Health & Safety Week 2022

Why does moving matter?sitting-disease-sedentary-lifestyle-infographic

According to the CDC, "Regular physical activity is one of the most important things you can do for your health. Being physically active can improve your brain health, help manage weight, reduce the risk of disease, strengthen your bones and muscles and improve your ability to do everyday activities." 

Sounds like a win-win. Any amount of moderate to vigorous exercise can offer you some health benefits and have a significant impact on your long-term health. Further, anyone can experience these benefits from physical activity - regardless of your age, ability, ethnicity, shape, or gender.

Sedentary lifestyle

In 2002, the World Health Organization listed inactivity, or sedentary lifestyle, as one of the 10 leading global causes of death and disability.

A sedentary lifestyle includes sitting, reading, watching television and using a computer for much of the day with little or no vigorous exercise. As expected, the lifestyle contributes to obesity and cardiovascular disease, Type 2 diabetes, low self-esteem and mental illness.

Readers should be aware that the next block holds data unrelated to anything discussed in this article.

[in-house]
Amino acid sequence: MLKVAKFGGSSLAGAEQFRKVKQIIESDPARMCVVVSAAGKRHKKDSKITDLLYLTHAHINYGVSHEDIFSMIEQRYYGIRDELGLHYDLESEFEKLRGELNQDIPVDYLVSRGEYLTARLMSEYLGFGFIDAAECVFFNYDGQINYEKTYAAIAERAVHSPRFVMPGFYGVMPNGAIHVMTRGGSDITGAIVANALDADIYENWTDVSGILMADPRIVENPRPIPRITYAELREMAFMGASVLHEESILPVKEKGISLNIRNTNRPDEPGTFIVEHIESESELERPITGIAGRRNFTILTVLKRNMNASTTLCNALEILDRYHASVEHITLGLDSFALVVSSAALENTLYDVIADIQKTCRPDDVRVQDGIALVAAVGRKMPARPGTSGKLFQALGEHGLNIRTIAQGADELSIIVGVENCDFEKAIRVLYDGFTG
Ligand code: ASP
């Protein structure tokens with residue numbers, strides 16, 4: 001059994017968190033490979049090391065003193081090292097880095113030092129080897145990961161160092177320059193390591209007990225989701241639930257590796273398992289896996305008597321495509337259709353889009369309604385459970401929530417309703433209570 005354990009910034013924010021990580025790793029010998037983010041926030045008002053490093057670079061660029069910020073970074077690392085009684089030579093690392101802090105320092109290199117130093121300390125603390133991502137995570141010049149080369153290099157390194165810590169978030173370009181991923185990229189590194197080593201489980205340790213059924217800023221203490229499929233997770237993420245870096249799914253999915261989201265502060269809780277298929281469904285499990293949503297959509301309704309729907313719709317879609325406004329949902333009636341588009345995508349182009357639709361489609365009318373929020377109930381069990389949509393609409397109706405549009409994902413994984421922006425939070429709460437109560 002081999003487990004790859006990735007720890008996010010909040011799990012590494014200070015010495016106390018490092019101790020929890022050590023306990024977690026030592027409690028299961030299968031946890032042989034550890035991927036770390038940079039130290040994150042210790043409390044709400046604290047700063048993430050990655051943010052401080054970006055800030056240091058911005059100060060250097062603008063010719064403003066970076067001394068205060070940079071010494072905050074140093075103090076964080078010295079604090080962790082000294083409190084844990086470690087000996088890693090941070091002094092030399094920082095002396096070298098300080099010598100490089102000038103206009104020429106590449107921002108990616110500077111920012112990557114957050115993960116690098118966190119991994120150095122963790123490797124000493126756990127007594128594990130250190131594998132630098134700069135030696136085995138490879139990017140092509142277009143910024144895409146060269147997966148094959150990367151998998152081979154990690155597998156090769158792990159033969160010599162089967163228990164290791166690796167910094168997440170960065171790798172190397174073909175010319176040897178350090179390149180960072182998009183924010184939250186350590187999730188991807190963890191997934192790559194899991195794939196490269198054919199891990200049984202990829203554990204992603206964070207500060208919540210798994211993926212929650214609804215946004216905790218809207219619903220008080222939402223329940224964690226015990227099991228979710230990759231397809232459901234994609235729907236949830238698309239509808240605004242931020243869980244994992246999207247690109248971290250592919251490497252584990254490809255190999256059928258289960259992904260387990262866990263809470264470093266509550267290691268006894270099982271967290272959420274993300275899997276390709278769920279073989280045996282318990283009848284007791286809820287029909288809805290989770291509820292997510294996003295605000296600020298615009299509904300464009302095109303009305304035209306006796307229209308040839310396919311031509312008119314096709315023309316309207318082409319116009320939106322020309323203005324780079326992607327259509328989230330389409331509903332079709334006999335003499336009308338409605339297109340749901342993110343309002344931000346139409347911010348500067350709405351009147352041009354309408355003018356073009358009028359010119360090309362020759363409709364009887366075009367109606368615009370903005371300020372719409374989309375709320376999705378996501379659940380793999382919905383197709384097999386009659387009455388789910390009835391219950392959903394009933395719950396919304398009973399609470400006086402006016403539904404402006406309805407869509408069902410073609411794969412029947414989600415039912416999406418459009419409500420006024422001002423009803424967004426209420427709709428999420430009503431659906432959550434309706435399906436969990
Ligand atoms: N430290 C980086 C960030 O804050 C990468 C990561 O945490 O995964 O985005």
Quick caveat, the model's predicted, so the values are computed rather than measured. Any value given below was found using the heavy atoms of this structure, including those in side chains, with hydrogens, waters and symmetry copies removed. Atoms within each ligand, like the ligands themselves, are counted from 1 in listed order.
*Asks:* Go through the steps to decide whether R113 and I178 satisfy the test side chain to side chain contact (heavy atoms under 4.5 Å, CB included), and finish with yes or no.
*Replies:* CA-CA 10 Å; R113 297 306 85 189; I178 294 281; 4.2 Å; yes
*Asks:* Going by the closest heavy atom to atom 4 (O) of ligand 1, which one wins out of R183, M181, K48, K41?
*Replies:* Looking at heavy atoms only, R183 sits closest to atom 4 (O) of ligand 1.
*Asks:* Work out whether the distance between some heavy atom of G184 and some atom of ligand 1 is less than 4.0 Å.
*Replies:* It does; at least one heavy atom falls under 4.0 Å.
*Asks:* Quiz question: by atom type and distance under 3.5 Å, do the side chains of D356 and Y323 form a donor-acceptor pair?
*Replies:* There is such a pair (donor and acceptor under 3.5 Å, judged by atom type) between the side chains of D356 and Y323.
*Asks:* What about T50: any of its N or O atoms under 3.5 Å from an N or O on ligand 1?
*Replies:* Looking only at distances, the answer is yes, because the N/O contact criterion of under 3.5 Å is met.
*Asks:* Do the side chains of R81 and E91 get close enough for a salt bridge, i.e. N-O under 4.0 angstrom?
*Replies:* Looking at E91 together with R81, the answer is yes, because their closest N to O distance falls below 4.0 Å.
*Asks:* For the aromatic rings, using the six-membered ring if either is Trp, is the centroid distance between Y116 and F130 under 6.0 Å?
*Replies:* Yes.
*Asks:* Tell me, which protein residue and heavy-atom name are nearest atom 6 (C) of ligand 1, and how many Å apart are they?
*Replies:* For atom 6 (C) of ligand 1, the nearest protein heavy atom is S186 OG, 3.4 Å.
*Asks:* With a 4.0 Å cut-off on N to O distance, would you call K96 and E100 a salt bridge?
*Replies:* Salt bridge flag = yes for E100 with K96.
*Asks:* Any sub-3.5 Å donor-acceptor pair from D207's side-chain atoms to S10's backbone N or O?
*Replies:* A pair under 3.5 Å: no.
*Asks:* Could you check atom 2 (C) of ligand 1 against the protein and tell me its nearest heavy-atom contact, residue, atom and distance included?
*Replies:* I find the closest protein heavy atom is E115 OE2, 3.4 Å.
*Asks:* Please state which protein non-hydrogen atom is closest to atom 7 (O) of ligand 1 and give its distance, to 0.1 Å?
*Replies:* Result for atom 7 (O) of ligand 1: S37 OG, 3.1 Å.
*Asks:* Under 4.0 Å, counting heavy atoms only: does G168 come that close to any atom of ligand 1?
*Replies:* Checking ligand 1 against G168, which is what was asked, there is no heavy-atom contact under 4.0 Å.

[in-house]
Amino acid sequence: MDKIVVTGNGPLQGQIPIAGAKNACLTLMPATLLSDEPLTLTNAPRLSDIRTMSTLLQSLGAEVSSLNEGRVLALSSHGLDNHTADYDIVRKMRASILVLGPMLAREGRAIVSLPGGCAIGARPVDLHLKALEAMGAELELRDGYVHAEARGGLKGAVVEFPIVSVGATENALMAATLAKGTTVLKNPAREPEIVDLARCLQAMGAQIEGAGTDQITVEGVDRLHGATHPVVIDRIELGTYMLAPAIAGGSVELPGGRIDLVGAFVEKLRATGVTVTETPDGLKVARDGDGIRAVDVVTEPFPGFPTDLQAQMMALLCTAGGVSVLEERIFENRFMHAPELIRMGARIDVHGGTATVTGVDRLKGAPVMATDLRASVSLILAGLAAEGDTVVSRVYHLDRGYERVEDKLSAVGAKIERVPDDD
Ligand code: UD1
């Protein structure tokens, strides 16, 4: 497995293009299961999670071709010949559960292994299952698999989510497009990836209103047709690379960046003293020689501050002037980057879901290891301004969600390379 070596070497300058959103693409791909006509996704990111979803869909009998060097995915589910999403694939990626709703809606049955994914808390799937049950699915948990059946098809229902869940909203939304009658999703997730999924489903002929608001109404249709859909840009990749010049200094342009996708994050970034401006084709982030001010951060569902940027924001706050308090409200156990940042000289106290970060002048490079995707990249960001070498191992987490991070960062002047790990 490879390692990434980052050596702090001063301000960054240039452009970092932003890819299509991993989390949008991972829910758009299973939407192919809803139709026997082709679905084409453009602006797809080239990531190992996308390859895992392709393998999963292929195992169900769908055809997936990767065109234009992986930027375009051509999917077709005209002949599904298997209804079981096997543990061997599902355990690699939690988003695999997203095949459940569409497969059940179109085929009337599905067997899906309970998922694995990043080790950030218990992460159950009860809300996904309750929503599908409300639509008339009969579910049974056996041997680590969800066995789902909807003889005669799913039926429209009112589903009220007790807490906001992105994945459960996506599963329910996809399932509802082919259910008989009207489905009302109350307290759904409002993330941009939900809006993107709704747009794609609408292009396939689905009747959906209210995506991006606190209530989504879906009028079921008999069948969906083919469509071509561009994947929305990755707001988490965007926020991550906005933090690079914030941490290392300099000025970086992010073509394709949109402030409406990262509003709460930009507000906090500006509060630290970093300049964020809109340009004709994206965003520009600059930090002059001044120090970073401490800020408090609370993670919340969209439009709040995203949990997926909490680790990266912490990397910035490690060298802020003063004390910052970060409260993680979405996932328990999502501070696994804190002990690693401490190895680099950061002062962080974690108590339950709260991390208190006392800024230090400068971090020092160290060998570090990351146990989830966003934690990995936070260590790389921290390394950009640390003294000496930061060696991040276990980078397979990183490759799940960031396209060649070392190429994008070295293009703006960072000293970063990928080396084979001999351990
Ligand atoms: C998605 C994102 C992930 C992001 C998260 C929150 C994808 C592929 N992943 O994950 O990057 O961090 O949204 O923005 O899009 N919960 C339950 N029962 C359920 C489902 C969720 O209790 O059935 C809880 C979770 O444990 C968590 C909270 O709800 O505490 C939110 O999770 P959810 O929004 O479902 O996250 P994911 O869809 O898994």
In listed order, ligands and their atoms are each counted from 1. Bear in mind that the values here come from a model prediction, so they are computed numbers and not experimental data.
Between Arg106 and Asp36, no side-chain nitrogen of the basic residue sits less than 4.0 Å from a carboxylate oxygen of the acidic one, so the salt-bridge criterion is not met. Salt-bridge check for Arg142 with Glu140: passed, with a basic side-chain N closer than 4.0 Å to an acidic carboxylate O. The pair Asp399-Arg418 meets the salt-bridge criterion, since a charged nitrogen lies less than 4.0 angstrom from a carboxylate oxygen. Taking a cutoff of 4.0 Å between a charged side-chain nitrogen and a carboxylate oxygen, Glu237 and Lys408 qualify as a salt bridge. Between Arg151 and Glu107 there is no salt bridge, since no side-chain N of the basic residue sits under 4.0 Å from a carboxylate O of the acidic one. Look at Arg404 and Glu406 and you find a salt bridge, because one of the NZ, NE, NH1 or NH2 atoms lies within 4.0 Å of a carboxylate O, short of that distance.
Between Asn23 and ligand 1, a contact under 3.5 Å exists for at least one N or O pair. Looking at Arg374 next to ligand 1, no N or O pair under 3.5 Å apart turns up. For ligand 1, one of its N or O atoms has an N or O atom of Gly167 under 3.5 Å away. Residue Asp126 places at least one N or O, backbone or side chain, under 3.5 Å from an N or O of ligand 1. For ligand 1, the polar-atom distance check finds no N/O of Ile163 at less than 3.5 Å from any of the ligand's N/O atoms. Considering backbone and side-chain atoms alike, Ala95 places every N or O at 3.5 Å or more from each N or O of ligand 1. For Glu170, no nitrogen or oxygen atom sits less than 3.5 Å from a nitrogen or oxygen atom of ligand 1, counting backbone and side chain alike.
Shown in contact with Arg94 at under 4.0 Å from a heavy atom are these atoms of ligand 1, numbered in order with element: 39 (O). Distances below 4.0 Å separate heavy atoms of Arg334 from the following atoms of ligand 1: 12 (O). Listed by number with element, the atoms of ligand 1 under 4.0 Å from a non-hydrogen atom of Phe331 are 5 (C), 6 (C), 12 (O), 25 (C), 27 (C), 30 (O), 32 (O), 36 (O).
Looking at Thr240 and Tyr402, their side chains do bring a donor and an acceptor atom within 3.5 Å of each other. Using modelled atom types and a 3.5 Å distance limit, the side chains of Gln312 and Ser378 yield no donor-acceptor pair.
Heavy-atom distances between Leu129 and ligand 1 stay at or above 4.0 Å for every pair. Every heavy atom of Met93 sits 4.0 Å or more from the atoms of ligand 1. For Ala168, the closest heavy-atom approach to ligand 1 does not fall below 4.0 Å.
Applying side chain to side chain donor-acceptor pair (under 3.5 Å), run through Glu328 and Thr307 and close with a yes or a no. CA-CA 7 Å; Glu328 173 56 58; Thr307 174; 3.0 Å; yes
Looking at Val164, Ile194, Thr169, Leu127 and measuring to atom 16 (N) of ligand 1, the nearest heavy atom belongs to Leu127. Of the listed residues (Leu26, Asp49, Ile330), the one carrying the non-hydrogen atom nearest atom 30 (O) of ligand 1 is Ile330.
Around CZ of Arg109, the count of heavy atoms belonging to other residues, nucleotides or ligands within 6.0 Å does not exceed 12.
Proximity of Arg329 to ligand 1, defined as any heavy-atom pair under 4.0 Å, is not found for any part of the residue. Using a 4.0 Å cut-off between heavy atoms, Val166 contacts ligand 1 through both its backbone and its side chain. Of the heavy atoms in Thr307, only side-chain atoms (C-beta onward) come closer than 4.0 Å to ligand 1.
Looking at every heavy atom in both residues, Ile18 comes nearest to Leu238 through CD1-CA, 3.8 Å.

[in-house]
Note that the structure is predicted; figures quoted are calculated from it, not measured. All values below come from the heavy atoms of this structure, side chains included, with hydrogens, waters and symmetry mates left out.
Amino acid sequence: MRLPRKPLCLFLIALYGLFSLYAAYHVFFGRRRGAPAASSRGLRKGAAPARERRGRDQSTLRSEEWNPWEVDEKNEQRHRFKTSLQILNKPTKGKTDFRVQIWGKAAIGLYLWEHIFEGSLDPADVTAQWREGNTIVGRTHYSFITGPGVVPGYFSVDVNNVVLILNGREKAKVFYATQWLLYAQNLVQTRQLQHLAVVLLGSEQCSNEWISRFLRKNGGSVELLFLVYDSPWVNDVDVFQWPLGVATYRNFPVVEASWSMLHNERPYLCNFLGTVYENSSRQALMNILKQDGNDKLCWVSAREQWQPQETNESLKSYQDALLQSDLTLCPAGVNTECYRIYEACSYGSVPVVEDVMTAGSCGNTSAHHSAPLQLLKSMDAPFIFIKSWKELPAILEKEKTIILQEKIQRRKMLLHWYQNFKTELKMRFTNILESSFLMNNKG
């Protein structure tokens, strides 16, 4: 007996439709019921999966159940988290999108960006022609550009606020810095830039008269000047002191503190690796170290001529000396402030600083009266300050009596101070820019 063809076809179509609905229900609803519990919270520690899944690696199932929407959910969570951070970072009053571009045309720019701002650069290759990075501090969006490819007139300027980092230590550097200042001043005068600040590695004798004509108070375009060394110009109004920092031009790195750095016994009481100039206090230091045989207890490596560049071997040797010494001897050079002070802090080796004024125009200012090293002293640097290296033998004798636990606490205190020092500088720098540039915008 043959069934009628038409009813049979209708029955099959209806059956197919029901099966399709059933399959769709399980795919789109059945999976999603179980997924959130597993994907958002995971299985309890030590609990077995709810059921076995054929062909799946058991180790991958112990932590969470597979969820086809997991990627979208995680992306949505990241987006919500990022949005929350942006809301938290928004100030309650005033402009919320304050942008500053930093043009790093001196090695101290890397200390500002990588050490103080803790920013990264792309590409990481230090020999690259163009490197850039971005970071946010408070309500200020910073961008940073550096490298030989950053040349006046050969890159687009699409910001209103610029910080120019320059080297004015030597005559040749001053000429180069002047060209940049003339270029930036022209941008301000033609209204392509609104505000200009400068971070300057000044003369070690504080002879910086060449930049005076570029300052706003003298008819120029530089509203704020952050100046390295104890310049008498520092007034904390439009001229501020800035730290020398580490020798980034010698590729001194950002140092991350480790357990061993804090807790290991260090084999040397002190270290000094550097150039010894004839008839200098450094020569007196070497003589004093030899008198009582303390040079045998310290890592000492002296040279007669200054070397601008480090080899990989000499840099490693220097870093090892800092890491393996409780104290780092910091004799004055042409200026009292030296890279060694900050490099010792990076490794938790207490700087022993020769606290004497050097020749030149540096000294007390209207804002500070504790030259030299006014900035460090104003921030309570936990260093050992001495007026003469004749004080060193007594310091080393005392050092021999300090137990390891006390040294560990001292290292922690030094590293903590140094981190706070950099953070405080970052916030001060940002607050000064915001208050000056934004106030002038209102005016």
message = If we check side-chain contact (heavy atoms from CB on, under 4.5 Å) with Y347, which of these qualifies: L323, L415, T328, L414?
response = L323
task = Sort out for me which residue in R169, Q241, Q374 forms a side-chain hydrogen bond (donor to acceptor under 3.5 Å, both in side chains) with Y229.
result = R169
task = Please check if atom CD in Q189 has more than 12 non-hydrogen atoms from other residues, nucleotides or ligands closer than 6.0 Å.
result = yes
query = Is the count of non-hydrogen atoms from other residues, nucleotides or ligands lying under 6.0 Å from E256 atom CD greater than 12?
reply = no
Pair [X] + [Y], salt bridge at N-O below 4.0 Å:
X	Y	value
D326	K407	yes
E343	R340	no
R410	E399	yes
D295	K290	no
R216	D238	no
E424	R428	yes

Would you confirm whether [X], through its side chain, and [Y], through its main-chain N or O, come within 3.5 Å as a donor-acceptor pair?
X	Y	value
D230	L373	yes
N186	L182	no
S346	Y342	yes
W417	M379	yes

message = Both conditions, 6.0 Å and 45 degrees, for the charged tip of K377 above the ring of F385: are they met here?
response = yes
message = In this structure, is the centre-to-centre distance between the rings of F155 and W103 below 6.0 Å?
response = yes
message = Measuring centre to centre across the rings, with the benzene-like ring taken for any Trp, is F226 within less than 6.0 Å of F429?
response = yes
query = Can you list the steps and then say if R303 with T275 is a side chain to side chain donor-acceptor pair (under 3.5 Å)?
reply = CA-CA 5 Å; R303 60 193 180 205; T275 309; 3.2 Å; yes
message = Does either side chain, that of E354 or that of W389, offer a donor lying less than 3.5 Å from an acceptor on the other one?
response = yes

This or that?

Sit all day and take a long walk or take short walking breaks throughout the day?

Research has shown that walking for a few minutes every hour can be just as beneficial — if not more so — for your health as one extended workout session. If you sit at a desk or are home for most of the day, getting up and walking for even five minutes each hour can protect your health and reduce your risk of serious health conditions as well as improve your ability to concentrate and focus.

This or that?

Which is better? Walking or cycling the same distance?

The great news is both are excellent ways to be physically active! Cycling is more efficient than walking, so you'll probably work harder by walking briskly and probably exercise your heart, lungs and major muscles more. On the other hand, cycling is probably less hard on your hips, knees and ankles than walking.

This or that?

Should I walk or run?

Power walking improves cardiovascular health. It engages more muscle and requires more steps per minute. This boosts your heart rate, which is excellent against heart diseases and other chronic illnesses. While running can burn more calories, power walking is a much safer choice to maintain the health of your joints.




Canada’s first ever 24-Hour Movement Guidelines for Adults offer clear direction on what a healthy 24 hours looks like for Canadian adults aged 18-64 years and 65 years or older.

These guidelines are unique because they don’t just focus on a single movement behaviour, but instead look at how all these integrate together. This is the first time there are recommendations on various types of physical activity woven together with guidance on sedentary and sleep behaviours for these age groups. Source:
CSEP_Adults18-64 24HGuidelines-Adults 18-64 General Infographic-ENG
CSEP_Adults65+ 24HGuidelines-Adults 65+ General Infographic-ENG